New London Railway Line Named ‘Elizabeth’ In Queen’s Honour

New London Railway Line Named 'Elizabeth' In Queen's Honour

Britain’s Queen Elizabeth unveils the new roundel for the Crossrail line that will be known as the Elizabeth line. (AFP Photo)

LONDON:  A new commuter railway spanning London will be renamed the “Elizabeth Line” in honour of Queen Elizabeth II when it becomes fully operational in 2018, the London mayor said today.

The queen visited works for the “Crossrail” project in central London today with mayor Boris Johnson, who announced plans to rename the east-west line when it opens through central London.

“As well as radically improving travel right across our city, the Elizabeth line will provide a lasting tribute to our longest-serving monarch,” Johnson said.

The line, costing 14.8 billion pounds ($20.1 billion, 18.9 billion euros), will link Heathrow Airport in the west to the financial city in the capital’s east.

The queen plunged 28 metres on a lift to inspect works deep under the Bond Street station in the heart of London’s shopping district.

She met workers on the mammoth project, which began in October 2009, and unveiled its purple logo — the same colour she was dressed in.

Crossrail, a new train link connecting counties to west of London to the county of Essex in the east, will be known as the Elizabeth line once it opens in December 2018. (AFP Photo)

The London Underground, which celebrated its 150th anniversary in 2013, is the world’s oldest rapid transit system and Elizabeth was the first British monarch to visit it, in 1969, to open the Victoria Line.

Her son Prince Charles inaugurated the Jubilee Line — named in recognition of the queen’s Silver Jubilee — in 1977.

When completed, the Elizabeth line will be 136 kilometres (84.5 miles) long and will have 40 stations, linking Reading to the west of the capital with Shenfield in the eastern county of Essex via the city centre.

Around 200 million passengers per year are expected to use the service, which it is hoped will relieve pressure on London’s creaking transport network.


1 Dead, Six Hurt In Dutch Train Derailment

1 Dead, Six Hurt In Dutch Train Derailment

A Dutch policeman stands by a derailed passengers train near Dalfsen, eastern Netherlands. (AFP Photo)

THE HAGUE, NETHERLANDS:  A passenger train derailed in the Netherlands on Tuesday after colliding with a hydraulic crane, leaving the train driver dead and six people injured, local police and officials said.

The accident happened around 8:50 am (0750 GMT) close to the northeastern town of Dalfsen, about 40 kilometres (24 miles) from the German border.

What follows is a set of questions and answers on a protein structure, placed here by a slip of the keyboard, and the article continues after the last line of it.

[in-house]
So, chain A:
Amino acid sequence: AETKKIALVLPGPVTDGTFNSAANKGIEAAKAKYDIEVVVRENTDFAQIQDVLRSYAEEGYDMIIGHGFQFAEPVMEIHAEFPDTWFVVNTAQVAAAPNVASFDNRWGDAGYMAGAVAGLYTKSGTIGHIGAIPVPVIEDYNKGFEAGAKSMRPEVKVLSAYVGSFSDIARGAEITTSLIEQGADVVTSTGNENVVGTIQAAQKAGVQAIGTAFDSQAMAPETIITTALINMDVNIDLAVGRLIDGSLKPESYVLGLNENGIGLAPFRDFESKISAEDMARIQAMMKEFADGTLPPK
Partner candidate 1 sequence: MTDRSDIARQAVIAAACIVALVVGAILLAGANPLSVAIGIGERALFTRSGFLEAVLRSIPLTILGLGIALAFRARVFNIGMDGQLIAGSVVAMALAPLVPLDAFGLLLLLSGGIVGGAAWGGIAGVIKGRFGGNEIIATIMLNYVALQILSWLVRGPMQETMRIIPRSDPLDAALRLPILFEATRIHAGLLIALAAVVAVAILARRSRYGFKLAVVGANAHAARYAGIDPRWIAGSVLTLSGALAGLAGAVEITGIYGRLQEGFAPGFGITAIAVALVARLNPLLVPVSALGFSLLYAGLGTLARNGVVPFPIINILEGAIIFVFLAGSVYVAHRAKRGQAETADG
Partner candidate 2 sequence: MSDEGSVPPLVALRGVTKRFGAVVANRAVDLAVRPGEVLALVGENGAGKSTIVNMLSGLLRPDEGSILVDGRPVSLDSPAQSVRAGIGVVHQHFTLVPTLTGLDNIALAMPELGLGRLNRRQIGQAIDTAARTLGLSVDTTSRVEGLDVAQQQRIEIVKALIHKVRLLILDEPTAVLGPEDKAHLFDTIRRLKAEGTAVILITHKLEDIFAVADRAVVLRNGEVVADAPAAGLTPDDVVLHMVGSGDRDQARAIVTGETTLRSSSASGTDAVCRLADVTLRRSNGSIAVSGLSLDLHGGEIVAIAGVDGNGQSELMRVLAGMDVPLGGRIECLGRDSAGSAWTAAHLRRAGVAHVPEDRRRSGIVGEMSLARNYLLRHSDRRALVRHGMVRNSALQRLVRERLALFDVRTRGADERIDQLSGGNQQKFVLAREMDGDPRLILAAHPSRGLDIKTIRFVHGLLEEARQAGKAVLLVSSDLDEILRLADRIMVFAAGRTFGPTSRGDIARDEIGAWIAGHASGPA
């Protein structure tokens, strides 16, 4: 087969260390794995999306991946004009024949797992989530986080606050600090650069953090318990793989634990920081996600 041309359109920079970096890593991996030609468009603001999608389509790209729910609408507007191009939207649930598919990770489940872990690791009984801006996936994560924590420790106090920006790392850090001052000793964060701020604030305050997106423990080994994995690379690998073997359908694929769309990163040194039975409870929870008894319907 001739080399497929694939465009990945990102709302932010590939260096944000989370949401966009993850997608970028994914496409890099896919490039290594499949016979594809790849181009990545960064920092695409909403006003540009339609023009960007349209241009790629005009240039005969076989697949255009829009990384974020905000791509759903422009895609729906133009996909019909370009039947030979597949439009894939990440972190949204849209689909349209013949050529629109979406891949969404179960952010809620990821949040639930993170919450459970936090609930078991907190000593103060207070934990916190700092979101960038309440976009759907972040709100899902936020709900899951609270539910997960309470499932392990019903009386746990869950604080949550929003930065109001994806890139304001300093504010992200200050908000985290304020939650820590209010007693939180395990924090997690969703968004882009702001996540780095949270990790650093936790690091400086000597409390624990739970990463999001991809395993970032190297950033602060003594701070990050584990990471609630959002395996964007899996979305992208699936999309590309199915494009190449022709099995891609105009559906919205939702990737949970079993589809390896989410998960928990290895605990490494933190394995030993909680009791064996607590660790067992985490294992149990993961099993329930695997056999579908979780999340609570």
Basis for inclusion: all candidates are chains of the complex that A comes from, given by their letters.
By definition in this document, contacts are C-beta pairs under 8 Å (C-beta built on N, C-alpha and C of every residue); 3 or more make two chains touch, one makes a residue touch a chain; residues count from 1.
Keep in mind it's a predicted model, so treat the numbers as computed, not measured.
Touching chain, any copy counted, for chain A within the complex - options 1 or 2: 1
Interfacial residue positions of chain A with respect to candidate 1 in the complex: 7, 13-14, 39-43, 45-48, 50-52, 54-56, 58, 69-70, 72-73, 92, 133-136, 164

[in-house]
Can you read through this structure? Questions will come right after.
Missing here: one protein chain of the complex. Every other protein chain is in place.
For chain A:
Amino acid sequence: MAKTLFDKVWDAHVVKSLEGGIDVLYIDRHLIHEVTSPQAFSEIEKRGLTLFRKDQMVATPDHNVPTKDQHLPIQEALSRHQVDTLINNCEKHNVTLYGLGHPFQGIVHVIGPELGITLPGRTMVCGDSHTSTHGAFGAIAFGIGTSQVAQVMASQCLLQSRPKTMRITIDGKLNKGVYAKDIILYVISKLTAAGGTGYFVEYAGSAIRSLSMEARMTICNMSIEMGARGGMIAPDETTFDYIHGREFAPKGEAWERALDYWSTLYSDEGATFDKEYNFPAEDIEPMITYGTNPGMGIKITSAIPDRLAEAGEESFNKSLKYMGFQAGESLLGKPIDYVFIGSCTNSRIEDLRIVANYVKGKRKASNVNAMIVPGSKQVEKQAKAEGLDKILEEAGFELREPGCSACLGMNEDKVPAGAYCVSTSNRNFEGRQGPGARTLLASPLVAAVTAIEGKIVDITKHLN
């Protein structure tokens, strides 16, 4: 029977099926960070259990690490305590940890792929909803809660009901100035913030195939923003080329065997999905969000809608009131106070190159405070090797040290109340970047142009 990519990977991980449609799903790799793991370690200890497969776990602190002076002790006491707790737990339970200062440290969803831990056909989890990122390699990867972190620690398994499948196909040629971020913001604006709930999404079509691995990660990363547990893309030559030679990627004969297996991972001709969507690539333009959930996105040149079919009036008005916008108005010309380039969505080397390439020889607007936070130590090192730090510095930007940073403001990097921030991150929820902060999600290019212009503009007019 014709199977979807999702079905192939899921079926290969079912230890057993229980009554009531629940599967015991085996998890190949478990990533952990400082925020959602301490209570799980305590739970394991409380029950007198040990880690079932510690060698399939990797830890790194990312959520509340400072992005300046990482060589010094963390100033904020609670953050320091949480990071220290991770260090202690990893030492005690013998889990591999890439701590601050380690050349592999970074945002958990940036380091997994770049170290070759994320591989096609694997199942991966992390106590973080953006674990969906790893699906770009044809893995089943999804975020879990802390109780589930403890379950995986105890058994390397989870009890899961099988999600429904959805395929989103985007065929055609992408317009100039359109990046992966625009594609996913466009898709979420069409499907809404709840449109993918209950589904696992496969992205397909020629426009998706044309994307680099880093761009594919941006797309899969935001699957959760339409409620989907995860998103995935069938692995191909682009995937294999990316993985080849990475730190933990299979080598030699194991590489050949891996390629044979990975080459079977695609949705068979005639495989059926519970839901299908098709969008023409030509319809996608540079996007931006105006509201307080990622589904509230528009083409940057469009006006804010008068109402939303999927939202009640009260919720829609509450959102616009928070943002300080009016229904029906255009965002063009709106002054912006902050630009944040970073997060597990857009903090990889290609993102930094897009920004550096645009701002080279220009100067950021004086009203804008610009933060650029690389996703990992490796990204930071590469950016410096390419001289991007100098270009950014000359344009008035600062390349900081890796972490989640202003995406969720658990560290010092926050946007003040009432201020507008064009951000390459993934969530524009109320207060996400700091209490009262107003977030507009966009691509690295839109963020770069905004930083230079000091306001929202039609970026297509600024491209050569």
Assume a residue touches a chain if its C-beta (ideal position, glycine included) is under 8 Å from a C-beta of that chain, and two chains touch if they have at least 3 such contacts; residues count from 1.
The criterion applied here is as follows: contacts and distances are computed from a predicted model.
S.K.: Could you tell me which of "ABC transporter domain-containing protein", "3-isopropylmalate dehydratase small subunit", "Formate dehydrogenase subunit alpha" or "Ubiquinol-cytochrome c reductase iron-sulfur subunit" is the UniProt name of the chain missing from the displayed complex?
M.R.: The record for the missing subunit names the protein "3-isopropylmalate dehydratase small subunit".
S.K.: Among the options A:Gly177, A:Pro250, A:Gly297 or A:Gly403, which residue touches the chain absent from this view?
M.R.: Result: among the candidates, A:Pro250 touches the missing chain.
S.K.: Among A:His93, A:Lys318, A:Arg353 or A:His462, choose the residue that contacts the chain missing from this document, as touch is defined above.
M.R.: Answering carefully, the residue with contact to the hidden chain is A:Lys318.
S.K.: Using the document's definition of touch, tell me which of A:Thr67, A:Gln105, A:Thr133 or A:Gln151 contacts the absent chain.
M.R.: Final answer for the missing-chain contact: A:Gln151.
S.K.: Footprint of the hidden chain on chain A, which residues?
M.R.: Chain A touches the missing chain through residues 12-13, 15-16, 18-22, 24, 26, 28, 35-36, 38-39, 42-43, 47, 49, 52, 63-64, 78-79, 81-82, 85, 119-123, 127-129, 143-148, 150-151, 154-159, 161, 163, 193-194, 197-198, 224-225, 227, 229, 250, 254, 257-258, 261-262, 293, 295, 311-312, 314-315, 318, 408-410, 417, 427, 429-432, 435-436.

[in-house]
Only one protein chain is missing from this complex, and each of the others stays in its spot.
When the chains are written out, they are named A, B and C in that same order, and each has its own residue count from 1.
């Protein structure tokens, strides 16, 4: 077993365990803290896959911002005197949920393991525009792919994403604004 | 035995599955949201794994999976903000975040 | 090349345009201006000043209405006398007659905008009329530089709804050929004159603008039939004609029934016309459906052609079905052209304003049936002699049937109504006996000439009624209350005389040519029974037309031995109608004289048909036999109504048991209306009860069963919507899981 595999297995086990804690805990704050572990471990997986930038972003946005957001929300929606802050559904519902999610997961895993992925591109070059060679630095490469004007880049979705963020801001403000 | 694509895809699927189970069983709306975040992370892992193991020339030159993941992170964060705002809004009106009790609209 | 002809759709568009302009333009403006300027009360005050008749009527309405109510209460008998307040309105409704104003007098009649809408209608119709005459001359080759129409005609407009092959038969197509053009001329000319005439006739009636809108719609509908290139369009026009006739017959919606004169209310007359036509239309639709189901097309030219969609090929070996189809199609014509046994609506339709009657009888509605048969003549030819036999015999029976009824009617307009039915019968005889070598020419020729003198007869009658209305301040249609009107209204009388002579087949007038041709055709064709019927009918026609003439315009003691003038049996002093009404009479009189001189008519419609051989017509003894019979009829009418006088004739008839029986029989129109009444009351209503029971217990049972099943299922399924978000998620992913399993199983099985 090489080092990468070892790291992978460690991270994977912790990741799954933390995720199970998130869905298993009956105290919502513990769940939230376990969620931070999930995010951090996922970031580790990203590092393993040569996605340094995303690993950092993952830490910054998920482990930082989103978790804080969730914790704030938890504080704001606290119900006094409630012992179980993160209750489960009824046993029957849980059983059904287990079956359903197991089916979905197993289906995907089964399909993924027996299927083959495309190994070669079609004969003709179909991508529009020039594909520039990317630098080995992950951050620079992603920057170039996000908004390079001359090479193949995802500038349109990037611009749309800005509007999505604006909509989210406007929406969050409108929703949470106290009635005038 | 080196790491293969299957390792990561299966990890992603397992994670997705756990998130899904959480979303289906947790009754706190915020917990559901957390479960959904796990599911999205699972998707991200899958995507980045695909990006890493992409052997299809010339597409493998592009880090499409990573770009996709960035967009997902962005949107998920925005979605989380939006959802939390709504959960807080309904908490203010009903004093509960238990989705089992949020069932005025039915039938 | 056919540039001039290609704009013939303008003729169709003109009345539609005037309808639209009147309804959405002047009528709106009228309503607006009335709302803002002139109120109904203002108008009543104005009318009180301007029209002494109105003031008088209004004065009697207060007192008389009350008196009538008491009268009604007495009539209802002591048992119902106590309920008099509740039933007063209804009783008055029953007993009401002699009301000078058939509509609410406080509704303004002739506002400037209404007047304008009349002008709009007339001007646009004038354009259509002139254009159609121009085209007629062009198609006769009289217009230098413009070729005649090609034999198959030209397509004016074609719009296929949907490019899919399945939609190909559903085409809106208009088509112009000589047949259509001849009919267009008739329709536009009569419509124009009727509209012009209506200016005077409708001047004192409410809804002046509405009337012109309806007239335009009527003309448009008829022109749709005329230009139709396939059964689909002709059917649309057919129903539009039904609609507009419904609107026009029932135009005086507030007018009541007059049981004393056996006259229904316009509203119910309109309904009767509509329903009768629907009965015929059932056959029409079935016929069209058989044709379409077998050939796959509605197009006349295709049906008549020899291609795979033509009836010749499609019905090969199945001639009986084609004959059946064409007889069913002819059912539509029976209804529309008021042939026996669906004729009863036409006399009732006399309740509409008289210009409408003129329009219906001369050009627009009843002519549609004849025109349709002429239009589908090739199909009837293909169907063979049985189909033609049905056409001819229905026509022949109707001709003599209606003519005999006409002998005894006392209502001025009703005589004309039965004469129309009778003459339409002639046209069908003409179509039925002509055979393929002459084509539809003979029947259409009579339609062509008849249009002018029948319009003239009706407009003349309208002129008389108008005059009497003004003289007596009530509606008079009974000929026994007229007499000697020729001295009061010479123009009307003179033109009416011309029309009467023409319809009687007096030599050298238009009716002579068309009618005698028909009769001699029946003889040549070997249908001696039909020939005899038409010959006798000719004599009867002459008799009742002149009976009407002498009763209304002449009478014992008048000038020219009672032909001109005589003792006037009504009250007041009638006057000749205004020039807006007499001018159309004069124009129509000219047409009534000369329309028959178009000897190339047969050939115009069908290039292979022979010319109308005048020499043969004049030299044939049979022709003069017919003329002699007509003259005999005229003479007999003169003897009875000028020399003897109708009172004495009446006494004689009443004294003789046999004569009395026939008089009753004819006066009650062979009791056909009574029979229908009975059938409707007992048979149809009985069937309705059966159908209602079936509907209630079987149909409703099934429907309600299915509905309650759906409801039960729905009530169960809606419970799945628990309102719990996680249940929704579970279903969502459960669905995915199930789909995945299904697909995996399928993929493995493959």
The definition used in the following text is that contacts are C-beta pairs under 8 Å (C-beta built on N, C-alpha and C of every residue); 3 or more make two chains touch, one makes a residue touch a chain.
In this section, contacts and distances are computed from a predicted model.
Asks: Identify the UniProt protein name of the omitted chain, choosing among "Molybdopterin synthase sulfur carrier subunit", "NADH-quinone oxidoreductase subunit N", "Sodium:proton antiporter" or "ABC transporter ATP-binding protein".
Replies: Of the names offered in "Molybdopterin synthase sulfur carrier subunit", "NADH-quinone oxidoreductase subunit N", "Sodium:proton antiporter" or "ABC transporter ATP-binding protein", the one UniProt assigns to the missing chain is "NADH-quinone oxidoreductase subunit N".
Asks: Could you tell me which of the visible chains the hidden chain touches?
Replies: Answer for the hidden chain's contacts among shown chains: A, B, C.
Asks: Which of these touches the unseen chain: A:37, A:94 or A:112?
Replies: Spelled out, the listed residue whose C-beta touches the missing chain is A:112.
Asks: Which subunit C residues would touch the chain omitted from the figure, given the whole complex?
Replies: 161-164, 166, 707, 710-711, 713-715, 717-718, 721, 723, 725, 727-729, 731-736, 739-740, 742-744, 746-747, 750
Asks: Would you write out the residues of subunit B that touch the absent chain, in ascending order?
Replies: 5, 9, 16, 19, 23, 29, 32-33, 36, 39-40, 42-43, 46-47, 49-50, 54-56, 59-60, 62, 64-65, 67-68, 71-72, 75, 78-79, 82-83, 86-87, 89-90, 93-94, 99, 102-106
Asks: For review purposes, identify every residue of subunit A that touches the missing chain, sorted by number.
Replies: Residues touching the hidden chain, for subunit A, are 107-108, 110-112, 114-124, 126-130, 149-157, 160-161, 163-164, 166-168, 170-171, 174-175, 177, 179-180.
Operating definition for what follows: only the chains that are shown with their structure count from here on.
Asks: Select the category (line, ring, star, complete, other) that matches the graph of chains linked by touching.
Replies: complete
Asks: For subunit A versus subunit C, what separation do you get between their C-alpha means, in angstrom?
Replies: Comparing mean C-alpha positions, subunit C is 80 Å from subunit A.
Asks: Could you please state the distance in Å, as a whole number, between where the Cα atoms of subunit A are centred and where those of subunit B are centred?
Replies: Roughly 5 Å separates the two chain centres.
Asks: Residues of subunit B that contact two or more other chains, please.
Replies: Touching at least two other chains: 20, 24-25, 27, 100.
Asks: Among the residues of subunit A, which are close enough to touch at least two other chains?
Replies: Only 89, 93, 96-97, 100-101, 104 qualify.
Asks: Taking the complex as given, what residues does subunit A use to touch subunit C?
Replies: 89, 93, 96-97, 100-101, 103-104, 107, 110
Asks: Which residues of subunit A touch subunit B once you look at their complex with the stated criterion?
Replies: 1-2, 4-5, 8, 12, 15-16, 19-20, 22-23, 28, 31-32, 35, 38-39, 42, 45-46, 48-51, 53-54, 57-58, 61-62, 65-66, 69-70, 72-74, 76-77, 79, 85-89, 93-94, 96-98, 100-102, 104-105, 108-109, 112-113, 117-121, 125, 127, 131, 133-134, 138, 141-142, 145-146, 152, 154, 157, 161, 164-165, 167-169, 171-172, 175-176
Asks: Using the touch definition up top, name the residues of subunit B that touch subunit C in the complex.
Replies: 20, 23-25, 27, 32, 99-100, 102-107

Television images showed several carriages lying on their side next to fields as emergency staff worked nearby.

“One person was killed… and I can confirm it was the driver,” mayor Han Noten told a press conference. Police later said he was a 49-year-old man from the town of Kampen.

A criminal investigation has been opened into why the crane was on the track, and the 21-year-old crane driver has been arrested and is being questioned by police.

Two people were taken to hospital, while four others were treated on the spot. Seven or eight other passengers escaped unscathed.

A passenger train collided with a mobile hydraulic platform, causing several coaches to overturn. (AFP Photo)

“The crash was violent,” the mayor added, saying the commuter train was “travelling at speed” when it hit the crane which was moving across the tracks over a “secure crossing”.

He said there were not many people on the train, adding that the service is often full in the evening, but relatively empty in the morning.

The Dutch safety board (OVV) has now opened an investigation into how the crash happened.

A witness told Dutch broadcaster NOS the crane was on caterpillar tracks and was moving very slowly as it crossed the railway line when the train arrived.

The driver of the crane had managed to jump out before the collision.

“The front of the train is completely destroyed,” one witness told NOS, adding the crane was in pieces.

Train services along the line have been cut and the disruption could last several days.

Dutch train operator NS said there had been “major damage and it’s impossible to say when repairs can begin”.

Infrastructure Minister Sharon Dijksma said she was “shocked” by the accident, the Dutch news agency ANP said.

The Netherlands’ worst train disaster happened on January 8, 1962, when two passenger trains crashed at Harmelen, near the central city of Utrecht, killing 93 people and injuring 52 others.

That accident happened in thick fog when a train driver missed a warning signal and the two trains hit head-on.

One person died and 117 others were injured in a collision near Amsterdam in April 2012 with reports later saying a driver failed to respect a stop sign.

Many Millennials Likely to Quit Current Jobs in 2 Years: Survey

Many Millennials Likely to Quit Current Jobs in 2 Years: SurveyNew Delhi: A significant number of millennials expect to quit their current jobs in the next two years on dissatisfaction over the way their leadership skills are being developed, a survey has found.